This is a follow-up to an earlier article, Space-efficient reproducible builds using schroot, sbuild and LVM, explaining how I use the setup described there in practice.

sbuild is designed to be used for architecture-specific builds (supplementing the normal builds by the maintainer), on a buildd. As a result, the normal, documented setup will tend to behave like a buildd rather than like a Debian maintainer. However, it's entirely possible to use sbuild for normal uploads (including NMUs and sponsored uploads) too.

The short version is, here's my .sbuildrc:

# Directory for writing build logs to
$log_dir = "$HOME/.cache/sbuild.logs";

# Mail address where logs are sent to (mandatory, no default!)
$mailto = "smcv";

# Don't override the maintainer or uploader name, just the key
# with which to sign the package...

# ... but actually, don't sign the package anyway - I'll use
# debsign
$pgp_options = '-us -uc';

# perl requires this file to return a true value

and here's how to build packages for upload:

debuild -us -uc -S
cd ..
sbuild -As foo_1.2-3.dsc
# ... sanity-check, install and test the resulting packages ...
debsign foo_1.2-3_i386.changes
dput foo_1.2-3_i386.changes

My normal procedure for doing a maintainer upload, for example for one of the pkg-telepathy packages, goes like this:

  • Produce an unsigned source package somehow, e.g. with debuild -us -uc. For quick testing before the "real" build, you can build a binary package too (which will be overwiten by the next step). If you're confident that the binary packages produced by sbuild will work first time, you can save time by using the -S option to do a source-only build.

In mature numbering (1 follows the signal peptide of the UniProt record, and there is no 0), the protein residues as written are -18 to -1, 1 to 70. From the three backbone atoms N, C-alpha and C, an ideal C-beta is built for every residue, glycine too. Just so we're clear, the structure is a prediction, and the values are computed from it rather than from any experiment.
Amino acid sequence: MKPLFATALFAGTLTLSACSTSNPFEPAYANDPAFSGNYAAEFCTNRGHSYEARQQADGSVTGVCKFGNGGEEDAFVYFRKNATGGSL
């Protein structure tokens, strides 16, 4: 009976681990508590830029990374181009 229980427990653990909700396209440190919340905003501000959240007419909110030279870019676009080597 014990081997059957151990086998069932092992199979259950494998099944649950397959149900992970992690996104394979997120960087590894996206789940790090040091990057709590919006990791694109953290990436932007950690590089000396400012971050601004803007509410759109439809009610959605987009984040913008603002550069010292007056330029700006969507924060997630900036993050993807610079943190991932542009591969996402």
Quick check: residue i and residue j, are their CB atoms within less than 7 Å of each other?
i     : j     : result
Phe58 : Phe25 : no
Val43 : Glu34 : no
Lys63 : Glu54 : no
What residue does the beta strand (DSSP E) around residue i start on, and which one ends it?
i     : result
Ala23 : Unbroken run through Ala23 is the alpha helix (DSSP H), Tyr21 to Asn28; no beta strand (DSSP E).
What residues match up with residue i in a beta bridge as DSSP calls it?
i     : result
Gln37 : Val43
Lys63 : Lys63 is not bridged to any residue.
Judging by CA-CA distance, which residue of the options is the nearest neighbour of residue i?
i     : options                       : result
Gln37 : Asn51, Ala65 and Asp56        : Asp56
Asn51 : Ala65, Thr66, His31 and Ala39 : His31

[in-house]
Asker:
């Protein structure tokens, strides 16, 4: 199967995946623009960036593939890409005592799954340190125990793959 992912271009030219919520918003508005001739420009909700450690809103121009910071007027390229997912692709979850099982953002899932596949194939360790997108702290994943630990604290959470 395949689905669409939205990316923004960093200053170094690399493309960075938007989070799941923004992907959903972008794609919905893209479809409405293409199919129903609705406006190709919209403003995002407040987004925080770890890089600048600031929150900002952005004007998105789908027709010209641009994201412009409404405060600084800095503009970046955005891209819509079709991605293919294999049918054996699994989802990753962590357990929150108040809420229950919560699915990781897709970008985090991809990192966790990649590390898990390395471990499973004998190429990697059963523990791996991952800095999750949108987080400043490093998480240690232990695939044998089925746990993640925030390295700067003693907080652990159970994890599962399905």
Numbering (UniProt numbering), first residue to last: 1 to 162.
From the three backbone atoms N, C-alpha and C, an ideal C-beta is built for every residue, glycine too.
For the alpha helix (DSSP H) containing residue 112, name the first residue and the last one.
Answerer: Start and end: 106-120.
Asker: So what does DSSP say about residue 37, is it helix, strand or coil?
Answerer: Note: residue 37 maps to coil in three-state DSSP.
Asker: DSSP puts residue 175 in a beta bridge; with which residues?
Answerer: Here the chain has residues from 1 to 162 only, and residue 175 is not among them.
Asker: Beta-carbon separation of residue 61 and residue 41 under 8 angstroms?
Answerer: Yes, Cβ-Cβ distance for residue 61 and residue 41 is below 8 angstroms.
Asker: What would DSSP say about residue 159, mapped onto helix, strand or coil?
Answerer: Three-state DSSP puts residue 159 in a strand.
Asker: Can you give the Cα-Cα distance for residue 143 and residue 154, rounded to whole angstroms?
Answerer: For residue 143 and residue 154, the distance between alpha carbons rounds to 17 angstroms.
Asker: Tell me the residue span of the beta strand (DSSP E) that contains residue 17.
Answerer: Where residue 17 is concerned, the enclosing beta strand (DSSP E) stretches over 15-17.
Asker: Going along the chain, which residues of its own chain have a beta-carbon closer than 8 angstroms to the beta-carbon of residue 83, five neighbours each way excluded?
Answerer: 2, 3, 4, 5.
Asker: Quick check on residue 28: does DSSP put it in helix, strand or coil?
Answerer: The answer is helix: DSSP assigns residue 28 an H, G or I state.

In practice, I usually use one of these, depending on the VCS the package is in:

    • git-buildpackage -us -uc -S (using git-buildpackage for pkg-telepathy packages that are maintained in git)
    • bzr builddeb --merge -S (using bzr-buildpackage for pkg-telepathy packages that have not been moved to git yet)
    • svn-buildpackage -S (using svn-buildpackage for pkg-python-modules or pkg-utopia packages)
  • Feed the resulting .dsc file to sbuild, using a command like sbuild -As foo_1.2-3.dsc. The -A option tells sbuild to build Architecture: all binary packages (which it usually omits), and the -s option tells it to rebuild the source package (partly just to get the source package into the .changes file, and partly to ensure that the source package was built in a "clean" environment).

  • Wait for the build to complete. Read the tail of the log to check that the .deb files have sane contents.

  • Use lintian -I foo_1.2-3_i386.changes to check the result of the build for sanity, and debdiff foo_1.2-[23]_i386.changes to compare with the previous release. Install the resulting .deb files with sudo debi foo_1.2-3_i386.changes and do some testing.

  • If all is well, sign the new .changes file with debsign foo_1.2-3_i386.changes and upload it with dput ftp-master foo_1.2-3_i386.changes.

The debuild, debsign, debdiff and debi scripts can be found in the devscripts package; dput and lintian have their own packages.

This setup works sensibly for sponsored uploads too: here's a simulated sponsored upload, imagining that I'd been asked to sponsor the hello package and had already checked and approved the maintainer's changes. ::

smcv@carbon% sbuild -As hello_2.2-2.dsc
Automatic build of hello_2.2-2 on carbon by sbuild/i386 0.57.0
Build started at 20080413-1415
Finished at 20080413-1416
Build needed 00:00:15, 3168k disk space

# The maintainer, rather than the sponsor, is correctly the one
# credited in the .changes file...
smcv@carbon% sed -ne 's/@/ AT /p' hello_2.2-2_i386.changes
Maintainer: Santiago Vila <sanvila AT>
Changed-By: Santiago Vila <sanvila AT>

# and the .changes file is unsigned (so if I was sponsoring it,
# I could sign it with debsign to get a correct sponsored upload)
smcv@carbon% grep PGP hello_2.2-2_i386.changes || echo "not signed"
not signed
smcv@carbon% debsign hello_2.2-2_i386.changes